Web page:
FIG. 13 shows specific glioblastoma (GBM) cell killing using DNA-templated micelle/MSC hybrid cluster. The targeted, drug-preloaded micelle was formed with Pepl- conjugated DNA template (25% coverage) and mitoxantrone (MTX, Sigma-Aldrich M6545). Subsequently the micelle MSC hybrid cluster, free MTX/MSC cluster or MSC cluster was formed. Three GBM cells, LN18 (Pep 1 -receptor deficient), U87MG (high Pepl-receptor expression) and primary GBM cells, were co-cultured with the clusters. Cell viability of the GBM cell was determined using the Promoga CellTiter-Glo Luminescent Cell Viability Assay kit. Abbreviations in FIG. 13 : MSC, mesenchymal stem cell; MTX, mitoxantrone; NP, nano- particle, e.g. DNA-templated micelle; GBM, glioblastoma.
Example 13. Application of DNA-templated micelles in transfecting cells with mRNAs and small nucleic acids
The DNA bridge of the payload carrier was designed as a partial complement to a polynucleotide (as a payload of the DNA bridge of the payload carrier) with a 37 °C melting temperature. Micelles containing this payload carrier was tested in a wide spectrum of cell lines, including adherent cells, such as HeLa and U87MG cells, and suspension cells, such as THP-1 cell. This payload carrier was used to deliver green fluorescent protein (GFP) mRNA to these cells with 50-70% transfection efficiency which was comparable to the commercially- available transfection reagent, Lipofectamine Messenger Max (available from Thermo Fisher Scientific). However, the micelle containing this payload carrier resulted in less cytotoxicity to the cells at <10% compared to Lipofectamine at 50-70%. This payload carrier also was used to transfect the hard-to-transfect cell line, THP1, with a long mRNA, such as Cas9 mRNA for CRISPR/Cas9 genome editing system, at 40% efficiency, whereas Lipofectamine reached only 5-10% efficiency with the same long mRNA. Co-delivery of Cas9 mRNA and its guide RNA (gRNA) of the CRISPR/Cas9 genome editing system was also validated in a cellular uptake assay, which showed that 98-99% of the Cas9 mRNA and gRNA co-localized inside the transfected cells. Example 14. Application of the multifunctional DNA-templated micelle for leukemia immunotherapy
Two types of payload carriers were designed. One type was conjugated with an antibody that recognizes a leukemic stem cell biomarker, and the other type was conjugated with human Fc protein that can recruit immune cells, including natural killer (NK) cells and macrophage. The payload carrier was loaded with a chemodrug, bisantrene. The modified and loaded DNA-templated micelle was found to not only specifically kill cancer cells, but also was able to induce phagocytosis of immune cells.
The term "about" as used herein means that the value is not necessarily precise and could vary by + 10% or even + 5%.
It is to be understood that the present invention is not to be limited to the exact description and embodiments as illustrated and described herein. To those of ordinary skill in the art, one or more variations and modifications will be understood to be contemplated from the present disclosure. Accordingly, all expedient modifications readily attainable by one of ordinary skill in the art from the disclosure set forth herein, or by routine experimentation therefrom, are deemed to be within the true spirit and scope of the invention as defined by the appended claims.

Claims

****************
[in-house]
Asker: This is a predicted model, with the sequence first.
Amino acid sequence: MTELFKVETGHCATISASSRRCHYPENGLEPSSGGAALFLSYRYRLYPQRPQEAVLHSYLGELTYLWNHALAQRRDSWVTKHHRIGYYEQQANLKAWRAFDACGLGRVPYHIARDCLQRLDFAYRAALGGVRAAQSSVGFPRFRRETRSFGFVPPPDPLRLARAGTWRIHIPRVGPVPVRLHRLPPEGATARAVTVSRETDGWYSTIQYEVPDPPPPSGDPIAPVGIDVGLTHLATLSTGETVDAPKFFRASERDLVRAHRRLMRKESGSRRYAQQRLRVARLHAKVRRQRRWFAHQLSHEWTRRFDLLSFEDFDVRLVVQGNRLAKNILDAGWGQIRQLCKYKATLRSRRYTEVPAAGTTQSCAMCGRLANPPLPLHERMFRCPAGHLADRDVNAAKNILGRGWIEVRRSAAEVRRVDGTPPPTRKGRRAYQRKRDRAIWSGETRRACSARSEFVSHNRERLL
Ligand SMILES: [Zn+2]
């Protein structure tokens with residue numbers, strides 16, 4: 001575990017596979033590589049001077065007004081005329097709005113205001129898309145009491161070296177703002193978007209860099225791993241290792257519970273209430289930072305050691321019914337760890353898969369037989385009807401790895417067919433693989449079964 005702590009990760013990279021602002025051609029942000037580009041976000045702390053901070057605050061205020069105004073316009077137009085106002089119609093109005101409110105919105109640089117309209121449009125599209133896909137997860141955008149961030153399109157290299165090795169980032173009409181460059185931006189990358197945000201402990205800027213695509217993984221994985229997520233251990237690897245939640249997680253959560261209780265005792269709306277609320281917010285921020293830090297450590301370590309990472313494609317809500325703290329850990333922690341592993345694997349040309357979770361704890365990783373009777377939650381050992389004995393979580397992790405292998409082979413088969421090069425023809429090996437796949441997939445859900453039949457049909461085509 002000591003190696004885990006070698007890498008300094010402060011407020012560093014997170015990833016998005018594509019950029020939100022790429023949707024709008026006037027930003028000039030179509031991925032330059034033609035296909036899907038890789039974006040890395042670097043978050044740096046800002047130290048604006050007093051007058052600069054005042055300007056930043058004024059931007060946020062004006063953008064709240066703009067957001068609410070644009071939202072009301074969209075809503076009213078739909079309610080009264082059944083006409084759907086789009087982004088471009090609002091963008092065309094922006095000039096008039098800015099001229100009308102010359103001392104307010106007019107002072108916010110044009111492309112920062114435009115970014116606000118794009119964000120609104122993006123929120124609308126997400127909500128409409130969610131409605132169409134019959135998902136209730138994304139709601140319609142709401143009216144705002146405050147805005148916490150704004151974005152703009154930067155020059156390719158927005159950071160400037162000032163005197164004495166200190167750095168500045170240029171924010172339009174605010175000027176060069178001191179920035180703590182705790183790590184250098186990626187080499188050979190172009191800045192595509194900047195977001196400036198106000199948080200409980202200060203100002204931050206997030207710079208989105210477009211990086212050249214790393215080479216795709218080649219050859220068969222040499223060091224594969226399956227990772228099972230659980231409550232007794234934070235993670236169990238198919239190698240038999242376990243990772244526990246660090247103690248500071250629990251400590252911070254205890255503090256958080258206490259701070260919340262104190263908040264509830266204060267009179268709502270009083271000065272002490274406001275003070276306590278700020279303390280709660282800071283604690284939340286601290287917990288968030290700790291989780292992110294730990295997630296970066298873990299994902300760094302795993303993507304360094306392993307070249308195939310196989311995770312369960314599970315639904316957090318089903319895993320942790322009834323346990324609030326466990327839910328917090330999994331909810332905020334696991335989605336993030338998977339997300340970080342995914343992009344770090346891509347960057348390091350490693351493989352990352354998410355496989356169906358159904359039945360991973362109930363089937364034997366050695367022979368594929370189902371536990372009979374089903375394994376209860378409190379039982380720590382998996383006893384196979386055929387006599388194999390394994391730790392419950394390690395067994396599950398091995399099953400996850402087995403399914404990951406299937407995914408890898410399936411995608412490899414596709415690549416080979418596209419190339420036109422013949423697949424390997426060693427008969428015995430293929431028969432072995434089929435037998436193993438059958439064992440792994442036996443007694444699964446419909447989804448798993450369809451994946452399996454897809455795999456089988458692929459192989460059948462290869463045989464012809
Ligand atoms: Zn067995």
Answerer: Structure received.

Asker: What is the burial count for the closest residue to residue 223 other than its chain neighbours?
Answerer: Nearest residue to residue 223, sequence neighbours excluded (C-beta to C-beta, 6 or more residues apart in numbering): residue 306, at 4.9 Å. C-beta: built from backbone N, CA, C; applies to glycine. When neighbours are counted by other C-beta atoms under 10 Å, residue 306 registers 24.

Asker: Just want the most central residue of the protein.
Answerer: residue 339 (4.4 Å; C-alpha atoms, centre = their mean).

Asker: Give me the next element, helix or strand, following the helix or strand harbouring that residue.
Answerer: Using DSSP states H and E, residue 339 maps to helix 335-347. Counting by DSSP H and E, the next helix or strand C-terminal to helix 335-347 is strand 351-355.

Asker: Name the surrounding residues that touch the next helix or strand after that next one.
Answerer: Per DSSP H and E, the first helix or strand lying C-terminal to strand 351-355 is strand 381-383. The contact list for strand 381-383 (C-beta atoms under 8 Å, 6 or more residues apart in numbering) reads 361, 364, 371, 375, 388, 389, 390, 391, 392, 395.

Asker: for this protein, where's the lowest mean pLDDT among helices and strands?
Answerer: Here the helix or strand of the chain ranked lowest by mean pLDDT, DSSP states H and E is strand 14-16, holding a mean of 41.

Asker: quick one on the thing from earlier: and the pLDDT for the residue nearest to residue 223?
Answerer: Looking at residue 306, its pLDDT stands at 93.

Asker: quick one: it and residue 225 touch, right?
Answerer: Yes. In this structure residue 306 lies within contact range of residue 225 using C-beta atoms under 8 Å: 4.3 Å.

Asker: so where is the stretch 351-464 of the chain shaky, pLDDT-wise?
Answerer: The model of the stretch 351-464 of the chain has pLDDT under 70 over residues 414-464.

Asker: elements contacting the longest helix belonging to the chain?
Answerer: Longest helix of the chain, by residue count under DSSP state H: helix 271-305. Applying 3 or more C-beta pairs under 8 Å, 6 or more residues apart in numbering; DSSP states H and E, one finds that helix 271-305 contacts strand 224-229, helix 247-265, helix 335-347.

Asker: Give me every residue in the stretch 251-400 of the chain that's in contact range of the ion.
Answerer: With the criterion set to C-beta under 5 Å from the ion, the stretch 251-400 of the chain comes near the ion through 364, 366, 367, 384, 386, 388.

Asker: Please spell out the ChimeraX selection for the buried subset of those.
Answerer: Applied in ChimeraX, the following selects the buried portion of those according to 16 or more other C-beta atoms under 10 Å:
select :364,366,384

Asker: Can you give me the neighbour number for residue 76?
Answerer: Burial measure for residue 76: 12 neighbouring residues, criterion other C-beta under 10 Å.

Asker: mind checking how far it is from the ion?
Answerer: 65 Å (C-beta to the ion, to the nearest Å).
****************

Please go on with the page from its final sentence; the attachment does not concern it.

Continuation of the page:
THE CLAIMS What is claimed is:
1. A micelle system for delivering at least one payload to cells, the micelle system comprising at least one payload carrier, wherein the payload carrier comprises at least one DNA bridge and at least one functionalized polyethylene glycol (PEG) segment, wherein the functionalized PEG segment is covalently bound to the DNA bridge, wherein the DNA bridge can carry at least one payload through intercalation or nucleotide base pairing.
2. The micelle system of claim 1, wherein the functionalized PEG segment is further conjugated to at least one ligand.
3. The micelle system of claim 2, wherein a density of the ligand of the micelle system is controllable in the range of from 0% to 100%.
4. The micelle system of claim 1, wherein the payload carrier is preloaded with at least one payload prior to the formation of micelle.
5. The micelle system of claim 1, wherein the payload carrier is further conjugated with at least one ligand prior to the formation of micelle.
6. The micelle system of claim 1, wherein the functionalized PEG segment is an amine-functionalized PEG segment.
7. The micelle system of claim 1, wherein the DNA bridge is a single-stranded DNA in the range of from about 8 nucleotides to about 100 nucleotides.
8. The micelle system of claim 1 , wherein the payload is a small molecule, compound, drug, chemodrug, polynucleotide, DNA, gene, messenger RNA (mRNA), aptamer, or a combination thereof.
9. The micelle system of claim 2, wherein the ligand is a small molecule, peptide, antibody, aptamer, polynucleotide, or a combination thereof.
10. The micelle system of claim 1, wherein the size of the micelle is from about 5 nm to about 250 mm.
11. The micelle system of claim 1, wherein the molecular weight of the PEG segment is in the range of from about 1 kD to about 30 kD.
12. The micelle system of claim 1, wherein the polydispersity of the micelle is less than about 0.1.
13. A method for delivering a payload to cells of a subject for disease treatment, comprising administering to the subject a pharmaceutical composition comprising the micelle system of claim 1.
14. The method of claim 13, wherein the disease treatment is cell transfections, gene therapy, chemotherapy, immunotherapy, cancer treatment, disease monitoring, brain tumor chemotherapy, glioblastoma chemotherapy, or leukemia immunotherapy.
15. A kit for performing a cell transfection reaction, comprising the micelle system of claim 1.